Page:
Another thing that changes when you become a landlord is homeowners insurance. It’s different for owner-occupants and investors. As a result, your original policy probably won’t cover your property once you no longer live in it. And if you don’t switch to a landlord insurance policy, you may be putting your property at risk.

A landlord insurance policy can cover losses and damages to your property from tenants and limit your liability for any injuries to tenants. So shop around for a good policy with the right coverage.

  1. Prepare the property for renters

After you’ve moved out of your home, give it a deep clean and make any needed repairs and renovations. If you haven’t had a home inspection yet, consider getting one. This will help you know what to fix.

For most rentals, you’ll want to leave the home bare. However, if you plan to use your property as a short-term rental (STR) by listing it on platforms like Airbnb or VRBO, you’ll need to furnish it as well.

  1. Decide how you want to manage the rental

When it comes to rental property management, you have two options: doing it yourself or outsourcing to a professional property manager.

If you choose to manage your rental on your own, you’ll want to learn basic skills like tenant screening, collecting rent, completing maintenance requests, and marketing the property.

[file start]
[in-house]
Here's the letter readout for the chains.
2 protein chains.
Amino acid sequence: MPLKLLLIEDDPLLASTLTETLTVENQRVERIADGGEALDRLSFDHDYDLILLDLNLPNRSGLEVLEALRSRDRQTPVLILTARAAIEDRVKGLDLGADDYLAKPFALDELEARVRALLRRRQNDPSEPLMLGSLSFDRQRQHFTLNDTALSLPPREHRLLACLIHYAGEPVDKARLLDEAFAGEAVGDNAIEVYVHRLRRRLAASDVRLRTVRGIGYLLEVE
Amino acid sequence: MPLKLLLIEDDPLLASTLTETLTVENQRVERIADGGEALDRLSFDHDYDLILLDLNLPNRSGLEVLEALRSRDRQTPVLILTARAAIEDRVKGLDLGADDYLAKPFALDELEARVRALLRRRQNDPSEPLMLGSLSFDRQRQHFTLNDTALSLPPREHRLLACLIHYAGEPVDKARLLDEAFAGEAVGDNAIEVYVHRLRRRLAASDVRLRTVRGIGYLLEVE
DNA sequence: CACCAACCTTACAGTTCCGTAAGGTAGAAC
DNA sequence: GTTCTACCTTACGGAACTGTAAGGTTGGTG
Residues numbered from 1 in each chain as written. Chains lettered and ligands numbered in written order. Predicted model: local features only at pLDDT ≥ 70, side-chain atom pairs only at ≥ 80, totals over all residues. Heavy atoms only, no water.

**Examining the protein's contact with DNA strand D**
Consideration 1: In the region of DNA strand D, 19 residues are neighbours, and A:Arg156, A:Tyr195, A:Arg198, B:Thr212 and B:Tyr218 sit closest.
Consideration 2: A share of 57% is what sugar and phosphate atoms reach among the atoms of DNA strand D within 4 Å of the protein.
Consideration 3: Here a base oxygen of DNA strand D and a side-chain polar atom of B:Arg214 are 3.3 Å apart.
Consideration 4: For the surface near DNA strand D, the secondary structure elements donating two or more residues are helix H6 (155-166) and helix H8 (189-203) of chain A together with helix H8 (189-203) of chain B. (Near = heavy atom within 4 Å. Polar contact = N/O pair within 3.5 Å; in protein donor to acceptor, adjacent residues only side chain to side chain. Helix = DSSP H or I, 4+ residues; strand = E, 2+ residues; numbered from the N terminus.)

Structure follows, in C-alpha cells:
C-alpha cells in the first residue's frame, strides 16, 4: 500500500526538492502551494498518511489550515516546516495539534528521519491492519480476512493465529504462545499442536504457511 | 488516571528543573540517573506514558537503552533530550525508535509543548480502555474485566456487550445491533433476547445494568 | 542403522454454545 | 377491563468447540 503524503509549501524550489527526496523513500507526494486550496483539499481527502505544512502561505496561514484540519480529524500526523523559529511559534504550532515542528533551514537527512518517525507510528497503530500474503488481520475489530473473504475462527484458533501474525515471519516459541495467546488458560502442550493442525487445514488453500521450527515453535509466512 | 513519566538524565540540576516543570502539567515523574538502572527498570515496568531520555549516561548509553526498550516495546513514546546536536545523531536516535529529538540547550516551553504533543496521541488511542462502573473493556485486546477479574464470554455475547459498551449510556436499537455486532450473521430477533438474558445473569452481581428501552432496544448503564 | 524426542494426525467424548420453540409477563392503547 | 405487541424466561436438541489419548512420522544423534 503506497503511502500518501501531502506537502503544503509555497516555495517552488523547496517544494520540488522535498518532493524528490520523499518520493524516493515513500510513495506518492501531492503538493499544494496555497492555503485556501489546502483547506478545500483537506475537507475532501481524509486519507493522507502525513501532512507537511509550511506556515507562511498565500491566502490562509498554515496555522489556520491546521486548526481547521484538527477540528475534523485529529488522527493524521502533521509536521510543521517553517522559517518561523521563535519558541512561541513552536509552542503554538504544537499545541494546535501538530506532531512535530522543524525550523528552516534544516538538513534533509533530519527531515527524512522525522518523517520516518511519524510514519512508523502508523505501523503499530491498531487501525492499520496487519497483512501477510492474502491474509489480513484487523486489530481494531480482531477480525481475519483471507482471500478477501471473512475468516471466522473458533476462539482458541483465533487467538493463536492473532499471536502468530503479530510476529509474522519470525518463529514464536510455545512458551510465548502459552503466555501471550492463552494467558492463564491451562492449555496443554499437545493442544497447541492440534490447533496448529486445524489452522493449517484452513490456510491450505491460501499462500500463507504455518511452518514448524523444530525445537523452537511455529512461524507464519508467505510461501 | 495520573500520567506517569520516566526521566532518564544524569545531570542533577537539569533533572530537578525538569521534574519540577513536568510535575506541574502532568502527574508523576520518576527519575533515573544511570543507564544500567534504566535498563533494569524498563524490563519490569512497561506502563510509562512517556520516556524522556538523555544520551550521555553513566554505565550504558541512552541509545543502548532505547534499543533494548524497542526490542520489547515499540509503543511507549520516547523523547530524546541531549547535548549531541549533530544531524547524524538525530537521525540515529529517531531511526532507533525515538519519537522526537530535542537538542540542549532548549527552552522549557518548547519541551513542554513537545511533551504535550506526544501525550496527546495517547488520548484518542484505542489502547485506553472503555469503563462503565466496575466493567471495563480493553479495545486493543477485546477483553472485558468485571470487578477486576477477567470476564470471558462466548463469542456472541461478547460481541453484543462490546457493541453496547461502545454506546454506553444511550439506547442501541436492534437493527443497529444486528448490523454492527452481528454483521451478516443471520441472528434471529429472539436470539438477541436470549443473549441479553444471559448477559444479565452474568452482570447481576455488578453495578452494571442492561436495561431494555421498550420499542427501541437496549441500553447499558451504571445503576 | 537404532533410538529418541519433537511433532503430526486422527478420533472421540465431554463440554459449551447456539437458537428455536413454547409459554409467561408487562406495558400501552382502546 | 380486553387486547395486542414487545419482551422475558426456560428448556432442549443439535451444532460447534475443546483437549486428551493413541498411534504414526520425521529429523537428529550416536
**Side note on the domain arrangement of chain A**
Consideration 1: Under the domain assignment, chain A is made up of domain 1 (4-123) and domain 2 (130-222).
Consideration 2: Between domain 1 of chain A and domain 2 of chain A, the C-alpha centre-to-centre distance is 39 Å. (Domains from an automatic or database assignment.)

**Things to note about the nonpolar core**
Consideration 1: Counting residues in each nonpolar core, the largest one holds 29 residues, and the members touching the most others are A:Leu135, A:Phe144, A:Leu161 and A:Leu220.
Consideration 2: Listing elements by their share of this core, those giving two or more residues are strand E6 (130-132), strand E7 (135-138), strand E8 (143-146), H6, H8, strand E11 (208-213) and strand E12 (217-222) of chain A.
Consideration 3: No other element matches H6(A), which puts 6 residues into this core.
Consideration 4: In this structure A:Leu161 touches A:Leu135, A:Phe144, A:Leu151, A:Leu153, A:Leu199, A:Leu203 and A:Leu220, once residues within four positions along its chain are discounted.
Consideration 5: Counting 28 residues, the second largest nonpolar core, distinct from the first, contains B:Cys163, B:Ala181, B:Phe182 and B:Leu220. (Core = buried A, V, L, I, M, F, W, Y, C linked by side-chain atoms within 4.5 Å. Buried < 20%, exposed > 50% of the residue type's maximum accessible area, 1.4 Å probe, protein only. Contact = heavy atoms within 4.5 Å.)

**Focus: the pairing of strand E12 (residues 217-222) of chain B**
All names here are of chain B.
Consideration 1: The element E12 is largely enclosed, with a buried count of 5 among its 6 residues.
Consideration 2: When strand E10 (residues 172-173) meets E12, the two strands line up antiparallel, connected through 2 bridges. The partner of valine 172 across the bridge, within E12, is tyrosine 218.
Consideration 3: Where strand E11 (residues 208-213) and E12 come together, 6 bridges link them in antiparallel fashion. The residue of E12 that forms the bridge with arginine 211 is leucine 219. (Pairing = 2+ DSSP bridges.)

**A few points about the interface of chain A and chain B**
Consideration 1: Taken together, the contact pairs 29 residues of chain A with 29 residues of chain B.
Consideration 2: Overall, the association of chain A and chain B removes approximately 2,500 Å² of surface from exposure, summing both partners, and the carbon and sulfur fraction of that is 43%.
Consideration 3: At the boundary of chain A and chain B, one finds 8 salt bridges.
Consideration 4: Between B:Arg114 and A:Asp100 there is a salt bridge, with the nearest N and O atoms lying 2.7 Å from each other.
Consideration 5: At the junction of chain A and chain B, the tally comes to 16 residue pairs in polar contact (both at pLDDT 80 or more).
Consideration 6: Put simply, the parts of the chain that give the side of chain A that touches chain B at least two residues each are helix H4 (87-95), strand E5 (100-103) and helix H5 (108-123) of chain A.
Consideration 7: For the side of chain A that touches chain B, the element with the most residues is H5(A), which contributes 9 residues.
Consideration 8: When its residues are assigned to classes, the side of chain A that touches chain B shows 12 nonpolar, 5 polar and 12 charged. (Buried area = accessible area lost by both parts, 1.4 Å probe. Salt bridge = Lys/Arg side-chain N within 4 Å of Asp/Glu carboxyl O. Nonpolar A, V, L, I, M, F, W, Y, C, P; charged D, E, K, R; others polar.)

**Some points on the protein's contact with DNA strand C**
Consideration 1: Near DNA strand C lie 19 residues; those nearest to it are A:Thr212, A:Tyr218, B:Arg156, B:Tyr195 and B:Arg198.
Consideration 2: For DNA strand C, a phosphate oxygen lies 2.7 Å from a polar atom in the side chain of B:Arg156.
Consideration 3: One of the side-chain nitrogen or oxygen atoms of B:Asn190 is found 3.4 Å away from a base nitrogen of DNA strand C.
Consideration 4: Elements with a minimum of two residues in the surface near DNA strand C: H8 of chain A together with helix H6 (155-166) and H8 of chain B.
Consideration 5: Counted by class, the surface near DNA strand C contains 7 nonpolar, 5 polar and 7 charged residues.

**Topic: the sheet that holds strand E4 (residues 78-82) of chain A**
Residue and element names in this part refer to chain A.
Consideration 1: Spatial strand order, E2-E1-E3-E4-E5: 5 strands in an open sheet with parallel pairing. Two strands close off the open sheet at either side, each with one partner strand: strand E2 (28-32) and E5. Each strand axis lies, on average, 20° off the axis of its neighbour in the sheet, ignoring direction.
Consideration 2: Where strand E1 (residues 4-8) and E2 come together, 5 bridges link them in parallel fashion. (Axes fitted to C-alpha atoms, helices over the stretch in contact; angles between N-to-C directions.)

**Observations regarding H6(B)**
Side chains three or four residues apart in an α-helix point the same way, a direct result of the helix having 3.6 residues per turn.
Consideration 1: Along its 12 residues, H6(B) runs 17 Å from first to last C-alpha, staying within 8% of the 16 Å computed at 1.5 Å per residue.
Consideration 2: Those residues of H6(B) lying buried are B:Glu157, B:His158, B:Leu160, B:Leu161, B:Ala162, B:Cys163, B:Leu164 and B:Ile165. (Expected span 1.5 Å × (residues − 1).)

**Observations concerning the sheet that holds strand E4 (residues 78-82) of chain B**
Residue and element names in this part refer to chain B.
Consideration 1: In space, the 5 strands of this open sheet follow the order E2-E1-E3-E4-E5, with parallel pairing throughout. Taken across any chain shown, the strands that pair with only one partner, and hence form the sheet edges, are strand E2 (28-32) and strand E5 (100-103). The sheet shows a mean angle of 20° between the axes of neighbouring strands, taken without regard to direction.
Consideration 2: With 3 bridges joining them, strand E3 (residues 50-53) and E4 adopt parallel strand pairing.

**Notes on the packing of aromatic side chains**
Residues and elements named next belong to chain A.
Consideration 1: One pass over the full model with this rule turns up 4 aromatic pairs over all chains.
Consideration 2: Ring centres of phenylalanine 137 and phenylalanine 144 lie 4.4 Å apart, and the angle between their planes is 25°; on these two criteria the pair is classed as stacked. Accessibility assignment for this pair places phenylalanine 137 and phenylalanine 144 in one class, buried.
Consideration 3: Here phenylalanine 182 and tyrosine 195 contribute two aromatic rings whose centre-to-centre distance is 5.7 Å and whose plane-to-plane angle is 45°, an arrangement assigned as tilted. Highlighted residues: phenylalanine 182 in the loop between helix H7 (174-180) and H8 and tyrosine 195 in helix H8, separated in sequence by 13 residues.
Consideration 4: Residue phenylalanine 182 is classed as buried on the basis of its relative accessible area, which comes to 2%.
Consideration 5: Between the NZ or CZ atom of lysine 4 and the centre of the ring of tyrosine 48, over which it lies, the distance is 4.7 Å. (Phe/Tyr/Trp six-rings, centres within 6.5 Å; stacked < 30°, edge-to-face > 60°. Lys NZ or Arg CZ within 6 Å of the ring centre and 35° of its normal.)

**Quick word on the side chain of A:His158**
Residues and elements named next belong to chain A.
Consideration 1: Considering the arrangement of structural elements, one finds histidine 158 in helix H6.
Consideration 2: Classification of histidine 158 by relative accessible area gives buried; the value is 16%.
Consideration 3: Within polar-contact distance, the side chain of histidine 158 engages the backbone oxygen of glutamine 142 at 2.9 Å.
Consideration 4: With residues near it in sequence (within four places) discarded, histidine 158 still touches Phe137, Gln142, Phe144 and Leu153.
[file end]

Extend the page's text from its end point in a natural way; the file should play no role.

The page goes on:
Alternatively, property managers can handle all of that for you for a fee. Most charge somewhere between 8% to 12% of the monthly rent. It’s considered part of your property expenses at that point. Do the math to see if it would be worth it to you. In most cases, having an experienced property manager with proven systems and a network of local contractors is well worth the cost.

  1. Set rent and rules

At this point, you’re ready to set the rent and establish rental rules. You’ll want to outline these clearly in the rental listing and rental contract.

Check comparable properties in the area (aka “comps) to see what they are charging for rent. Then set a similar price to be competitive. Just make sure the rent can cover your monthly property expenses and then some. Anything left over after property expenses are paid is considered positive cash flow.

As for policies, these can include what the security deposit requirement is, when rent is considered late, what the late fee is, maximum occupancy, rules regarding pets and smoking, and so on.

  1. Market your new rental property

Now it’s time to market your rental property to potential tenants. Get a real estate photographer to take high-quality photos of the property for you and then write a compelling listing description that highlights the home’s best features. If it has a new kitchen countertop or a newly renovated bathroom, point that out.

Then publish your rental listing on public rental platforms like Zillow and Rentler. Once you attract some interest from applicants, you can start screening tenants and narrowing them down until you find the right one for your home.

Before you know it, you’ll be collecting rental income and officially be a real estate investor. Congratulations! Next, you can start looking for your next investment property or just sit back and relax, enjoying the extra passive income.